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Trump Saving Jobs For Coal Miners and Law Professors
When Lawyers Need Their Own Lawyers, It's Full Employment Time
News that Trump's own attorney Michael Cohen has had to hire another lawyer, Stephen Ryan, to represent him regarding various investigations already ongoing in Washington, D.C., almost certainly sent a clear message to many others on the White House staff, Trump's transition team, and high level executives at his many business ventures that they too probably need lawyers to protect their interests if not their freedoms, even if they are themselves lawyers.
Cohen's action probably reinforced the message which earlier was broadcast loud and clear when Trump's other lawyer, Marc Kasowitz, reportedly told many White House "aides gathered in one meeting" that "it was not yet necessary" for each of them to go out and hire their own legal counsel.
As a popular lawyer website, AboveTheLaw, noted, "I'm sure that's what a lot of lawyers would like to tell potential witnesses against their clients. Because, of course, once they get their own lawyers, Kasowitz can't talk to them directly." So, many will take it as a signal to get lawyered up.
When lawyers have to go out and hire their own lawyers, it really helps to reduce the current glut of lawyers looking for work, says Banzhaf, noting that many would be happy to have even low-paying jobs reviewing documents in windowless rooms.
Add to this the growing number potentially involved in various probes who will now need lawyers, and any of those lawyers who will have to hire their own lawyers, there could be a hiring boom among D.C.'s lawyers not seen since the days of Watergate, says Banzhaf, who played a role in that scandal.
All this is coming at a perfect time to help bail out law schools and law professors, says Banzhaf, noting that most law school have been forced to slash class size and/or significantly lower their admissions standards simply in order to remain afloat.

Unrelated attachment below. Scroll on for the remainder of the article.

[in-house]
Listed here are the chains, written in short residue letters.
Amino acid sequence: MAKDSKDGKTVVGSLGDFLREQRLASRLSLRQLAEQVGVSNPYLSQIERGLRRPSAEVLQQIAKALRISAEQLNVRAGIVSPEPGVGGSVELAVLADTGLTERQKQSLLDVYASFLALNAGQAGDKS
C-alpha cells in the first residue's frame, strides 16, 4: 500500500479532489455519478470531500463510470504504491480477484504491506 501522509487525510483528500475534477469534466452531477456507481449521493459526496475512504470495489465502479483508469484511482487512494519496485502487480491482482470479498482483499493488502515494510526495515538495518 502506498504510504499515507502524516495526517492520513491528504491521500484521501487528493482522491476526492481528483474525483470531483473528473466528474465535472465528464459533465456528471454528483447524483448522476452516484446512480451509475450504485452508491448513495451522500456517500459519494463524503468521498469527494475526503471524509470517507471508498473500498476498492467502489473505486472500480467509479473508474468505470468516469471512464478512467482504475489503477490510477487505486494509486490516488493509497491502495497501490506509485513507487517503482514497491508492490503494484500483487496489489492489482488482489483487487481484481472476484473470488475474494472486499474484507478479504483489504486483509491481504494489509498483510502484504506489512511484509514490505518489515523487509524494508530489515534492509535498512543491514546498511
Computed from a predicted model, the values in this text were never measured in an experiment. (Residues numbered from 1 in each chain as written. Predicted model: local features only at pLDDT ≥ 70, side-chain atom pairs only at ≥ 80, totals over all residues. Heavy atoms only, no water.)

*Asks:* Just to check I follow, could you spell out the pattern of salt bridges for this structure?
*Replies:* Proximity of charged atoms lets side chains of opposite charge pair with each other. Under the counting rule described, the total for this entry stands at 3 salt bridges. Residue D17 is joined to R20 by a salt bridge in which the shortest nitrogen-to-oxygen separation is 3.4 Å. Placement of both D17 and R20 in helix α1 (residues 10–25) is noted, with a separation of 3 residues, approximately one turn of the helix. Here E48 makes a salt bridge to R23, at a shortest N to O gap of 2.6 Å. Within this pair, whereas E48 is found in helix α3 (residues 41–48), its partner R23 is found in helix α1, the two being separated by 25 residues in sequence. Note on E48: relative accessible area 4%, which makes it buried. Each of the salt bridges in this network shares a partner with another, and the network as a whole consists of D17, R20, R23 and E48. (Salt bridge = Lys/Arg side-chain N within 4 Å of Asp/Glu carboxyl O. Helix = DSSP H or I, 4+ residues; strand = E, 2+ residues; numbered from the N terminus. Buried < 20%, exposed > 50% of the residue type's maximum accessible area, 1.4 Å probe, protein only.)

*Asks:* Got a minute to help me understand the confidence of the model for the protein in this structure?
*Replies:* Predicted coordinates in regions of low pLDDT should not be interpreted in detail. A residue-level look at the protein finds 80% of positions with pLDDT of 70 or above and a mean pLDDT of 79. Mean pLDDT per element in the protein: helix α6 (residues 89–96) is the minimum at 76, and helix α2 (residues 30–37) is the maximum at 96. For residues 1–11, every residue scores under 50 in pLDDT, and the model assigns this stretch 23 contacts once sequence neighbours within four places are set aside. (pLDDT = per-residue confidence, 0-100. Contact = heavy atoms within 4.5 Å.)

This dire situation, which many have labeled a crisis, was precipitated by the recent financial collapse, but is also a logical result of advances in data processing and AI, and the outsourcing of work by law firms to specialty shops and to other countries, thereby slashing the need for new attorneys.
As a direct result, law school are in trouble. For example, between 2011 and 2015, it was estimated that tuition revenue fell by about 35% among the great majority of law schools not at the top of the rankings list.
Since most law schools are very heavily depended on tuition revenue, anything Trump does which creates an increased demand for more lawyers - including not only the D.C. probes, but also litigation over immigration and increased deportations, the need to fight changes in federal regulations, and, shortly, renewed litigation over whatever replaces Obamacare - is welcomed with joyful arms by the legal profession, and by the many law schools which continue to turn out more graduates than the nation really needs.
JOHN F. BANZHAF III, B.S.E.E., J.D., Sc.D.
Professor of Public Interest Law
George Washington University Law School,
FAMRI Dr. William Cahan Distinguished Professor,
Fellow, World Technology Network,
Founder, Action on Smoking and Health (ASH),
2000 H Street, NW, Wash, DC 20052, USA
(202) 994-7229 // (703) 527-8418